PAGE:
SMIs Are EEEEVIL (Part 2)

In Part 1, I discussed a bit of the history and function of SMIs.  How does this make them EEEEVIL, is the question? Essentially, SMIs are the final word in what happens on a CPU, outside of removing power.  They cannot be interrupted, even by a Non-Maskable Interrupt (NMI).  Also, since they are not assertable…

0

SMIs Are EEEEVIL (Part 1)

As a quick introduction, SMIs were introduced to the x86 world by the 386SL.  It was created to allowed systems designers to have access to the CPU while unspecified software of any type was running.  The reasons for this are obvious when you look at the market the 386SL was aimed it.  It was Intel’s…

1

Favorite Hardware Bugs <CENSORED>

Want to know why I started posting again just now?  Adi Oltean posted a great entry about his favorite hardware bug.  This prompted Larry Osterman to post his favorite, and I started feeling left out.  I have a ton to choose from, after all I deal with new bleeding edge hardware on a daily basis. I’m…

0

Back from a long hiatus

Well, I sort of had to stop blogging for awhile there because I moved on to a slightly different role.  I have the same job at the end of the day, but now I support more general portions of the OS, and of course one of the things I enjoy most: storage.  This has always been…

2

NUMA and you, perfect together (Part 1)

I know this is a slightly more esoteric topic, even for me, but I want to address cc:NUMA platforms, and how they matter to Windows and Windows applications.  What is NUMA you ask?  NUMA stands for Non-Uniform Memory Architecture.  (The cc: stands for Cache Coherent, by the way, because there is non-cache coherent NUMA as…

6

The Frustrations with Social Engineering, Even in Support

I just got another first-hand experience in the difficulty of trying to affect computing through social engineering.  Our fax forwarding people do their forwarding based on the cover letter.  Whoever is listed on the From: line gets a TIFF of the fax forwarded to their e-mail inbox.  Normally, this works great.  However, just a few minutes ago,…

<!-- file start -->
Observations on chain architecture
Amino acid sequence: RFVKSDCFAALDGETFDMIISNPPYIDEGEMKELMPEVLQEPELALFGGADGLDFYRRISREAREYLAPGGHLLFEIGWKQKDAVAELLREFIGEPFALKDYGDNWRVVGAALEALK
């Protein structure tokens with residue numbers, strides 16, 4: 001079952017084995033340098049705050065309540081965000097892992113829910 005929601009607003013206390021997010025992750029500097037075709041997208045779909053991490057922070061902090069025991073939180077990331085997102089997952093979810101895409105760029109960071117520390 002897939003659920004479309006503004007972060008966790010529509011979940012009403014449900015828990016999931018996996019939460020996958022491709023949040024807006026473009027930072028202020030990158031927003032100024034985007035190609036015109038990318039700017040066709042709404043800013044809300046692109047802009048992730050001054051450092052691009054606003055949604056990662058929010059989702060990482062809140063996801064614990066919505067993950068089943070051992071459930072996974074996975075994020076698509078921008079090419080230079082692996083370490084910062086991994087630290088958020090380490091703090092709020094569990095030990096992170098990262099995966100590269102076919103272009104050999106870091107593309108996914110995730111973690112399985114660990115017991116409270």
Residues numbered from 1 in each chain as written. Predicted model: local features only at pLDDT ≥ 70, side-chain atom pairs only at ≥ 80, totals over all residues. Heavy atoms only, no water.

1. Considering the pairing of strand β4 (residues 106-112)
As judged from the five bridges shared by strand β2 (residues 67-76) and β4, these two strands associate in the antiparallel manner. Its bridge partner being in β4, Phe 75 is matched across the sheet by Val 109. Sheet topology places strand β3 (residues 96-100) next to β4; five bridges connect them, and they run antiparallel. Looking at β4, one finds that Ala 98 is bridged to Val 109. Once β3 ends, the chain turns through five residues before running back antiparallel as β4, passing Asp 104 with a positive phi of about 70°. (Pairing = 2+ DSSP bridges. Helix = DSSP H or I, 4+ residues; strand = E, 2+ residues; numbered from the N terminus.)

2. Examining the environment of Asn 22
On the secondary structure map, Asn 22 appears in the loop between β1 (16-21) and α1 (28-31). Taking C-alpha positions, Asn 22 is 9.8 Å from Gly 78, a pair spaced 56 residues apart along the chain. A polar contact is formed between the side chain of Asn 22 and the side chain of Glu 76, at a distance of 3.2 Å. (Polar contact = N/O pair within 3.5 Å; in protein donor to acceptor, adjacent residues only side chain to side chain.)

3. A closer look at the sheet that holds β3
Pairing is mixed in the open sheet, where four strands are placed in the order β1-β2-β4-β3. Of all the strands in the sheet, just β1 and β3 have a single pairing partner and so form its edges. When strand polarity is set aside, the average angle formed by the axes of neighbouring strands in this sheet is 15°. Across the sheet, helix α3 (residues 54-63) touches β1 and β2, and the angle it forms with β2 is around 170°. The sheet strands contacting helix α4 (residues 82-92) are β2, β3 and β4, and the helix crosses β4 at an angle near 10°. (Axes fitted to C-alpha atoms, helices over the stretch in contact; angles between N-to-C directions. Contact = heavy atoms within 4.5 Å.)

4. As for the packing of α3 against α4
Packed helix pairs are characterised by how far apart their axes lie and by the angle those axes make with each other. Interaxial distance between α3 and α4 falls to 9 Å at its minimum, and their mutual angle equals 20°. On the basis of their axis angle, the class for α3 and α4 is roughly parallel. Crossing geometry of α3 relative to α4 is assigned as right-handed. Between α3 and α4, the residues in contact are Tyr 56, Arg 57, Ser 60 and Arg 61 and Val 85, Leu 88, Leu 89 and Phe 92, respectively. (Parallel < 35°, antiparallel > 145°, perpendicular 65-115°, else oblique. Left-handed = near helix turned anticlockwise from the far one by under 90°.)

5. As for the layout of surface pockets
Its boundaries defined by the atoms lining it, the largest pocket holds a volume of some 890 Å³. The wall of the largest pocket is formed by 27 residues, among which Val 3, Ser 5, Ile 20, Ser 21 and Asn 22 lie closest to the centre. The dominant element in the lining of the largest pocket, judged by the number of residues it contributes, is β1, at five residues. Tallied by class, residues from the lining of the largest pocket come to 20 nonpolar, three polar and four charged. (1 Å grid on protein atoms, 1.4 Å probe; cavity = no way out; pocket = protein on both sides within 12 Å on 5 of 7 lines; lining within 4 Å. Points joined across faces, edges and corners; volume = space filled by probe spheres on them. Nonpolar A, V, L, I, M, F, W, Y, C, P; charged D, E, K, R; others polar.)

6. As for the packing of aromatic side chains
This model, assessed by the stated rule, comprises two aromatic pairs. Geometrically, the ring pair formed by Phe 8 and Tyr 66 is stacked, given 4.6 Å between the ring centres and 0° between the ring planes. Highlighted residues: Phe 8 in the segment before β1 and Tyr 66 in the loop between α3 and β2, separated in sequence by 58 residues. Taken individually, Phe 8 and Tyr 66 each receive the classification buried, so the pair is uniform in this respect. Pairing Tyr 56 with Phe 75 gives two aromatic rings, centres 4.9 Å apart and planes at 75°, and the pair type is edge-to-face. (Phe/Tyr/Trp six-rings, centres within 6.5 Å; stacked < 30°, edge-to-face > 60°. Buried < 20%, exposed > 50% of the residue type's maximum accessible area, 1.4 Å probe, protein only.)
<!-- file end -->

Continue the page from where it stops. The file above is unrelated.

2

Support is not Manufacturing: Part 2

Ok, my arm is warm now.  Time to start tossing some theory bombs out there, and hope none get picked off.  They said Italians couldn’t quarterback, but look at Vinny Testaverde!  (Err…no, don’t.) The reason treating support processes like a manufacturing endeavor fails is because it doesn’t take into account the sheer mass of uncontrolled…

4

Support is not Manufacturing: Part 1

Ok, I know I said when I started this blog that I wouldn’t be going into the support aspects of my job much, but I lied.  I can’t resist being an armchair quarterback, so I am going to warm up my arm today, and start tossing Hail Mary’s tomorrow.  Just remember, this is coming from…

2

Self-Monitoring and Diagnosing Hardware

This is something that most people in the mainframe business have taken fom granted for decades now.  To the PC world, it’s relatively new…and to the PC OS world, even newer. Starting with the Pentium and Pentium Pro, Intel introduced the Machine Check Architecture (MCA), which was a way for the CPU and other components…

0

How a Bluescreen Button (NMI) can Save Your Bacon

I know, another title that seems ridiculous.  Why in the world would anyone want a button that intentionally bluescreens your system?!  When you’re confronted with a hard hang though, (no mouse or keyboard) you’re in for a heck of a time trying to figure out what’s wrong without one.  That’s where the NMI button can…

3